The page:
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Comment Re:TL;DR? (Score 1) 208

It depends on the job. Some jobs it's not relevant, other jobs it is. For a general purpose programmer, the more they understand the better.

Sure, a library for the common problems already exists, but if you can't provide a reasonable stab at the standard stuff yourself, then you have no chance of solving the unique problems that you may run across. Also, if you're familiar with the algorithms used for standard operations: reverse, random shuffle, sort, that kind of thing, then you will recognise when aspects of your problem already have solutions.

You may as well ague there's no point teaching kids to add and subtract by themselves because they can use a calculator.

Comment Re:Lack of protection (Score 4, Informative) 239

Something was rotten in the state of denmark.

Snowden's revelations caused a huge shakeup in the intelligence community. Such as a federal judge ruling that the NSAs blanket collection was unconstitutional. If things were right beforehand, none of this would have happened

Comment Re:Reasons things fail (Score 2) 118

Do you think the people running corporate IT programs are spending their own money ?

No, ok.. well, do you have any evidence that large government run IT programs are more prone to failure than large commercial sector IT programs ?

I think it's more a question of people are not very smart and large scale software development is hard.

Comment just f*cking stop it (Score 2) 101

How many non-news articles can you possibly print about 3d printing.

I worked for 3d systems in the 90s, it was fun and vaguely novel back then. I have been hearing about this stuff like its the next new thing for over 2 decades, and what are the fantastic advances we've had during that time.. no, don't tell me, please, seriously, don't. We don't get 5 articles a week about virtual reality, or jetpacks, or flying cars,

Comment Re:Hate in 3, 2, 1... (Score 5, Funny) 128

> I've literally never heard anyone make anything that works using Node

I made a good chunk of the backend of using node, and it all works .. supporting 100,000 s of customers perpetually streaming stuff to a bunch of servers.

Having said that.. Christ on a bike, I would not use that technology again: it's the most snake pit infested dangerzone I've ever encountered. Writing multiprocess c++ code for transputers with no tool support back in the early 90s was a fucking breeze compared to the extraordinary clusterfuck that is node. Node with javascript/coffeescript on the server gives you new and interesting ways to shoot yourself in the foot and then helps you wipe off the wound with a nice bloody rag you were donated from a leper who died of ebola. It's an exciting environment to be sure, but I'm done with that.

Comment Re:NodeJS (Score 1) 158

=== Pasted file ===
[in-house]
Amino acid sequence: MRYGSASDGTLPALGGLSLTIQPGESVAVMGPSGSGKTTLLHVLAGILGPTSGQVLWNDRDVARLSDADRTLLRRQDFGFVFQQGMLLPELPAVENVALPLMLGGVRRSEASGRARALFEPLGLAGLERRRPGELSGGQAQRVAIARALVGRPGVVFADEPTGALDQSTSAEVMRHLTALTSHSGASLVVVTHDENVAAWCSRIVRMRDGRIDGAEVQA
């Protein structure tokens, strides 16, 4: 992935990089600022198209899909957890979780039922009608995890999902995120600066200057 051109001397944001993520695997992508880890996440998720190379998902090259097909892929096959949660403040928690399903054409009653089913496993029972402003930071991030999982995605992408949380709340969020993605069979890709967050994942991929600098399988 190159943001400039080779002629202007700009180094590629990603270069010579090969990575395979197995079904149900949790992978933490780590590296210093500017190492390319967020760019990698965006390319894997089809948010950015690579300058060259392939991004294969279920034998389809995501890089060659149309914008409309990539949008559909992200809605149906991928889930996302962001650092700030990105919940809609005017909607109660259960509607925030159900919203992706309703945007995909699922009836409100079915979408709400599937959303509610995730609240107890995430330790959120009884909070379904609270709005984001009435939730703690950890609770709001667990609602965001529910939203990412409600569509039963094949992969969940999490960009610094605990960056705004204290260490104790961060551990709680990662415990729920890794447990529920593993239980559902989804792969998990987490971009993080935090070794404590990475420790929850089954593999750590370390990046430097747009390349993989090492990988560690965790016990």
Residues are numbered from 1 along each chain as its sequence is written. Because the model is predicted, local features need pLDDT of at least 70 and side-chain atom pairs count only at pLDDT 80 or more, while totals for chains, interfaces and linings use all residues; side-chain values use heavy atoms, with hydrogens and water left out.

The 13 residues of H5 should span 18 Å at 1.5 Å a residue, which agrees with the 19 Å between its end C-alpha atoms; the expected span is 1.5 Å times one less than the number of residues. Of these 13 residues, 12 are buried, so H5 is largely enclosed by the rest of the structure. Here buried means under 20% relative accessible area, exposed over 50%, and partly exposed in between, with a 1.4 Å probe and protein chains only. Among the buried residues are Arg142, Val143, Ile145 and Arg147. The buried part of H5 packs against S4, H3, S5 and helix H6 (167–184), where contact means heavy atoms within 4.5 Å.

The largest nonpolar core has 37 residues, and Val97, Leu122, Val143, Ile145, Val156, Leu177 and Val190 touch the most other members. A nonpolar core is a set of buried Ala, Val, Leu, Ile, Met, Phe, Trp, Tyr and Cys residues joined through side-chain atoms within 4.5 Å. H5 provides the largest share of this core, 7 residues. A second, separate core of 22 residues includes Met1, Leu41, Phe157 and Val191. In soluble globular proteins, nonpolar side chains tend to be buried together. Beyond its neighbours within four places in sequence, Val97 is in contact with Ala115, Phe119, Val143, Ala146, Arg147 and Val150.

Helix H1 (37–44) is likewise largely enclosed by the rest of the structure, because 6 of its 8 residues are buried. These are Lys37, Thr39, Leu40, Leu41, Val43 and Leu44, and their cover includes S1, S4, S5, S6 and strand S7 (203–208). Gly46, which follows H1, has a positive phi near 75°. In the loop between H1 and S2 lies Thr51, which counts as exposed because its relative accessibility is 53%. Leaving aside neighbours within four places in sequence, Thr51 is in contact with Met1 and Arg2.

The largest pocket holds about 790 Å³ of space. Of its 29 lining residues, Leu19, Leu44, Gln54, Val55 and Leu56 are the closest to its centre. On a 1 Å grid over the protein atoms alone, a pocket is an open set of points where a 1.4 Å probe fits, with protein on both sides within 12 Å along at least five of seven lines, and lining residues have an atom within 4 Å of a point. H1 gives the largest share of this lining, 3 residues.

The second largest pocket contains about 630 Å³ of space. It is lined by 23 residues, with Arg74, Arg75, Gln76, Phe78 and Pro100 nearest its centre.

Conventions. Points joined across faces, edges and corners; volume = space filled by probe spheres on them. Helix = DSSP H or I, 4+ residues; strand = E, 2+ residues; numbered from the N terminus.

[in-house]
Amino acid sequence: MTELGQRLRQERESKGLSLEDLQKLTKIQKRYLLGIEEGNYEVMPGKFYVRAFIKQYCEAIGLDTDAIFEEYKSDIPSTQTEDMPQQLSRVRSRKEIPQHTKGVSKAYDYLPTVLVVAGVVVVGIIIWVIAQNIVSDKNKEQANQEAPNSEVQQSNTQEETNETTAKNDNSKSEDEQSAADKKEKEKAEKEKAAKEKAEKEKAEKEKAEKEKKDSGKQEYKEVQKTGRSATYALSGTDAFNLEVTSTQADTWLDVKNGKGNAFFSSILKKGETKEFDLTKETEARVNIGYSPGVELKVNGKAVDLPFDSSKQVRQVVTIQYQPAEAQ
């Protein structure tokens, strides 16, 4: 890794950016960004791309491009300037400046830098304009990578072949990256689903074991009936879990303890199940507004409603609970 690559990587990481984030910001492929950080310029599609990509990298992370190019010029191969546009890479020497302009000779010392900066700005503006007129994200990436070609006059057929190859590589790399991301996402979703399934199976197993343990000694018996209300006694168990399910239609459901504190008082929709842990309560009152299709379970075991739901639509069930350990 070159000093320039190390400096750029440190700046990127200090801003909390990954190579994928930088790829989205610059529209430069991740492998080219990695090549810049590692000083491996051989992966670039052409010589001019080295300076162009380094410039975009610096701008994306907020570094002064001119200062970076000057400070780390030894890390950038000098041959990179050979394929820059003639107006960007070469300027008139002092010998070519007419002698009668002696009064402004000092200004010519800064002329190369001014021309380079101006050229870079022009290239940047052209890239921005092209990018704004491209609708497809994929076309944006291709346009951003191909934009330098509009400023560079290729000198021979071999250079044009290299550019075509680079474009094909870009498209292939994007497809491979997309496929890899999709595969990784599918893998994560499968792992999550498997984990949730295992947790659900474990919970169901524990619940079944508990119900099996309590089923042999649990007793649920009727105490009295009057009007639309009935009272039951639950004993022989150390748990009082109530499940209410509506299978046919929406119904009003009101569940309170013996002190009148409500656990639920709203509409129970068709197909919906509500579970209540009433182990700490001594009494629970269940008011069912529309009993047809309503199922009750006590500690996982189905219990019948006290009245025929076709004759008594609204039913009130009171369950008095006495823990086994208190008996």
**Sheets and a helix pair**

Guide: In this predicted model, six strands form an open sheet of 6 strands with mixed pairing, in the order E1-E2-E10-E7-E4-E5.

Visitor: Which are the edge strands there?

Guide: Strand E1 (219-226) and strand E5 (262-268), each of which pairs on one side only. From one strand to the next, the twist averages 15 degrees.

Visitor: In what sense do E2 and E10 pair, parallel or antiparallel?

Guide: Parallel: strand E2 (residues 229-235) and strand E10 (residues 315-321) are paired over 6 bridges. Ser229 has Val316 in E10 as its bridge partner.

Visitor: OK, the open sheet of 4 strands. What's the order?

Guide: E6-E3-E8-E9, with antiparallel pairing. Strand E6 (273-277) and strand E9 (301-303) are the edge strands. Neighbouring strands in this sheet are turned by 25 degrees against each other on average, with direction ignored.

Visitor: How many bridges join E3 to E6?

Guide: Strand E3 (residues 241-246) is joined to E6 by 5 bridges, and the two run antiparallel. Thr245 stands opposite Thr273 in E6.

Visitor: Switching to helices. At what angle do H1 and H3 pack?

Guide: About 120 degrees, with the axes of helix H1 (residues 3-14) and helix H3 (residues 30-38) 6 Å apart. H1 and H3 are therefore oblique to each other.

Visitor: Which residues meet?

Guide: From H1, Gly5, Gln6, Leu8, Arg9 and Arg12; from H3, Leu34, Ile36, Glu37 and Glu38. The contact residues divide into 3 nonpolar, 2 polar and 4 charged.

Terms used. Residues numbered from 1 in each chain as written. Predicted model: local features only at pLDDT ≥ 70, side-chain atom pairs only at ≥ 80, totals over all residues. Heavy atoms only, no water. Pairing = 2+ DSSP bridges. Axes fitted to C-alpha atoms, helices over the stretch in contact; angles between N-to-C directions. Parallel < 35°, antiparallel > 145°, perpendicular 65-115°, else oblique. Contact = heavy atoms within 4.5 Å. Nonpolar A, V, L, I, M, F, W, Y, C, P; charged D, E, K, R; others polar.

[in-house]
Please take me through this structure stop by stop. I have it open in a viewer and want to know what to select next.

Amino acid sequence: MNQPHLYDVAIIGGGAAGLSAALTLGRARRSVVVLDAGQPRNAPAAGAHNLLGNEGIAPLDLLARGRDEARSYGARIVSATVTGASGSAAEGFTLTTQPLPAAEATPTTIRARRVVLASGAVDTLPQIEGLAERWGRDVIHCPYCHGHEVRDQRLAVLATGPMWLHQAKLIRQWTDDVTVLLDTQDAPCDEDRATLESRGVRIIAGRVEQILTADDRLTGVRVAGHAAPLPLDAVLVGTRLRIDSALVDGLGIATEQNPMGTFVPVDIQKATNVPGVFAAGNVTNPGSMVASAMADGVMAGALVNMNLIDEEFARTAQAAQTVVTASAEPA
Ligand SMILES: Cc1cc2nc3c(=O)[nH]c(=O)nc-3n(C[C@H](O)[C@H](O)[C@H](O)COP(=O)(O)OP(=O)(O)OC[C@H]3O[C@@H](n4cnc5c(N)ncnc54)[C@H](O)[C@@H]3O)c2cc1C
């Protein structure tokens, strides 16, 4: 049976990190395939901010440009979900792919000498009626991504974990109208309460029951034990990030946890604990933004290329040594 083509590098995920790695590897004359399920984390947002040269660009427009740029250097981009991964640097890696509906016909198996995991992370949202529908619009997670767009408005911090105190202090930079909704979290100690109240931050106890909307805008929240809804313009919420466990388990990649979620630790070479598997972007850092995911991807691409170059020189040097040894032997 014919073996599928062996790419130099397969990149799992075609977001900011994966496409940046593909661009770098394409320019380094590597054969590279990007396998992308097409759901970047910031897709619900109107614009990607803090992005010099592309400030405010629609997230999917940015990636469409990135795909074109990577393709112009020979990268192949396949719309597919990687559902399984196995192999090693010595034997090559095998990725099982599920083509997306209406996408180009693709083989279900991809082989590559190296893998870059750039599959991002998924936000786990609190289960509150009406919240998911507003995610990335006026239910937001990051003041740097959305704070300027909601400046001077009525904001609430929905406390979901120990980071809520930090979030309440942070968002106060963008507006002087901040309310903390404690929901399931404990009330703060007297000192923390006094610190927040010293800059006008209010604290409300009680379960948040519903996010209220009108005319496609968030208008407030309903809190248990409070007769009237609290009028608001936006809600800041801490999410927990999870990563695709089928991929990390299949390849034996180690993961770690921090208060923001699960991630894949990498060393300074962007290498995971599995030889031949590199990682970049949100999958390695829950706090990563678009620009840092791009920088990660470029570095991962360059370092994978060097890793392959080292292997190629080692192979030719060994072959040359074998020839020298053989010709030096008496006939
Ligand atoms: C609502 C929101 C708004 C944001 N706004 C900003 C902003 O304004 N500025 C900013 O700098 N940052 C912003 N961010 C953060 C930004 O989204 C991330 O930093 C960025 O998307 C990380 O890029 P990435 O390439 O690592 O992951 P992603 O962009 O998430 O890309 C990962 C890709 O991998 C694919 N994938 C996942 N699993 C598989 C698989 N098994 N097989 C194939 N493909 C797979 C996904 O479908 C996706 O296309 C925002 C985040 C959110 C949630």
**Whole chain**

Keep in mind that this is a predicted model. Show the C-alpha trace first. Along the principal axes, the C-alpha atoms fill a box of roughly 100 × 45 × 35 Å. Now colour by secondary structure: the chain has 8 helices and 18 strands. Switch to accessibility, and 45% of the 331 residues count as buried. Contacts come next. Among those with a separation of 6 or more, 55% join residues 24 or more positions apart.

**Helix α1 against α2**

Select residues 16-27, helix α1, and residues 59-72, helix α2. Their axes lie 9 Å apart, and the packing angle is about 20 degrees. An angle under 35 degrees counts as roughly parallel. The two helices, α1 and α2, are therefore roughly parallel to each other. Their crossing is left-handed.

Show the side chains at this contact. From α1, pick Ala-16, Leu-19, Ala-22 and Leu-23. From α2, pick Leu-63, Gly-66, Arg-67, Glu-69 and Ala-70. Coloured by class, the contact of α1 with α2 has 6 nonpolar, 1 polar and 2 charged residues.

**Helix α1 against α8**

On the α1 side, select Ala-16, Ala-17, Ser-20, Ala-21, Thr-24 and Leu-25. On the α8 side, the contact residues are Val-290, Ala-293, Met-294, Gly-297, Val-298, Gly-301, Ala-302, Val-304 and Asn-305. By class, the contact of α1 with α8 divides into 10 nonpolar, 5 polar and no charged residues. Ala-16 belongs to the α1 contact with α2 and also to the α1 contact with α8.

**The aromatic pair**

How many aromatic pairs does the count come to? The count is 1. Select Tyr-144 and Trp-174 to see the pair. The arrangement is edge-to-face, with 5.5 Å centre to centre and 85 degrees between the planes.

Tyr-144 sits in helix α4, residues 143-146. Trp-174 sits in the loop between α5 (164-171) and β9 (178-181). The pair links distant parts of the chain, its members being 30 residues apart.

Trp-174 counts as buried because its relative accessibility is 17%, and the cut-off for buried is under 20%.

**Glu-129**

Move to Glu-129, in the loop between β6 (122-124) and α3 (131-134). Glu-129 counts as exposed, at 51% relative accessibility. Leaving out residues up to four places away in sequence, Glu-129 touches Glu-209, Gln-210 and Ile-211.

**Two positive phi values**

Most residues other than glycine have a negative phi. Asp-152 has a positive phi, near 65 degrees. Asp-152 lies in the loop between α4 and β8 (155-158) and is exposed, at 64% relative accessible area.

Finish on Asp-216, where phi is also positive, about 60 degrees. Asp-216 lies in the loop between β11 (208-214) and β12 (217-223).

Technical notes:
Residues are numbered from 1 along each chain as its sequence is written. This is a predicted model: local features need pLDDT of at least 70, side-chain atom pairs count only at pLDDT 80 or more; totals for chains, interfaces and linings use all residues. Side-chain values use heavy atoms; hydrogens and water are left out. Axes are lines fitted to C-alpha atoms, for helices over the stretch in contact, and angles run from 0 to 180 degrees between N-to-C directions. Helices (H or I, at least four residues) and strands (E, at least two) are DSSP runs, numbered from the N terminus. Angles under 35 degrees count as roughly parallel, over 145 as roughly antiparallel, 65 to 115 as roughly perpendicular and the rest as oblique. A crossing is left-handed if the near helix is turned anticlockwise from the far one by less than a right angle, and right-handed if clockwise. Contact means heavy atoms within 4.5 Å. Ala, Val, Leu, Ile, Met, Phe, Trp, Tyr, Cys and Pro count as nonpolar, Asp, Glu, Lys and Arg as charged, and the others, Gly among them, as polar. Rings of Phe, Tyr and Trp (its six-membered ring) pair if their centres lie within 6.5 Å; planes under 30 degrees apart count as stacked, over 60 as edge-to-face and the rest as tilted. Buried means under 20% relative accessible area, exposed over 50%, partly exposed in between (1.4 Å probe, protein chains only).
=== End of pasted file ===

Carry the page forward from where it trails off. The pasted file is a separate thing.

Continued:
I went down that route. However, I really missed being able to write code like this:

1 do this
2 do that

as opposed to

do_this(function(err,res) { if (err) {something..} else { do_that(res) })

Once your backend gets complicated, may the lord help you.

If you backend is simple, it doesn't matter what language you use.

There is a far superior language you can use on both ends: scala - scala.js is really nice

Comment the article is bullshit (Score 1) 425

And the reason it's bullshit is that it starts from the premise that if you could measure programming ability somehow, its curve would look like the normal distribution.

Programming ability is exactly the kind of thing that does not fall in a normal distribution. It's not even close to a normal distribution. It's more like wealth distribution, there is no meaningful average.

Comment Re:Ok, I am naive, but... (Score 1) 320

Sure, I know. Few things are truly novel and one has to be able to do all of it, including the grunt work. It's just that there's no point doing something original when its faster to copy, so one copies up to the point where either nobody has done it before or its just easier to reinvent it oneself than find and incorporate somebody else's solution I just took that attitude a little earlier than I was supposed to. I wasn't trying to be clever, I just wasn't ready to start working hard at the time.

Comment Re:type of assignment (Score 1) 320

Do you mean, the repeated code, or the cool professor is as likely as winning the lottery ? Either way, its more common than that.

Same thing happened to me in college, except I didnt even discuss the assignment with him. It was a lisp project and we both decided to do it as purely as possible (which at the time meant no assignments - what today would be called functional style). The end result was about 150 lines of lisp (equivalent to maybe 2k lines of C). Our code was identical except for some identifier names.

"Survey says..." -- Richard Dawson, weenie, on "Family Feud"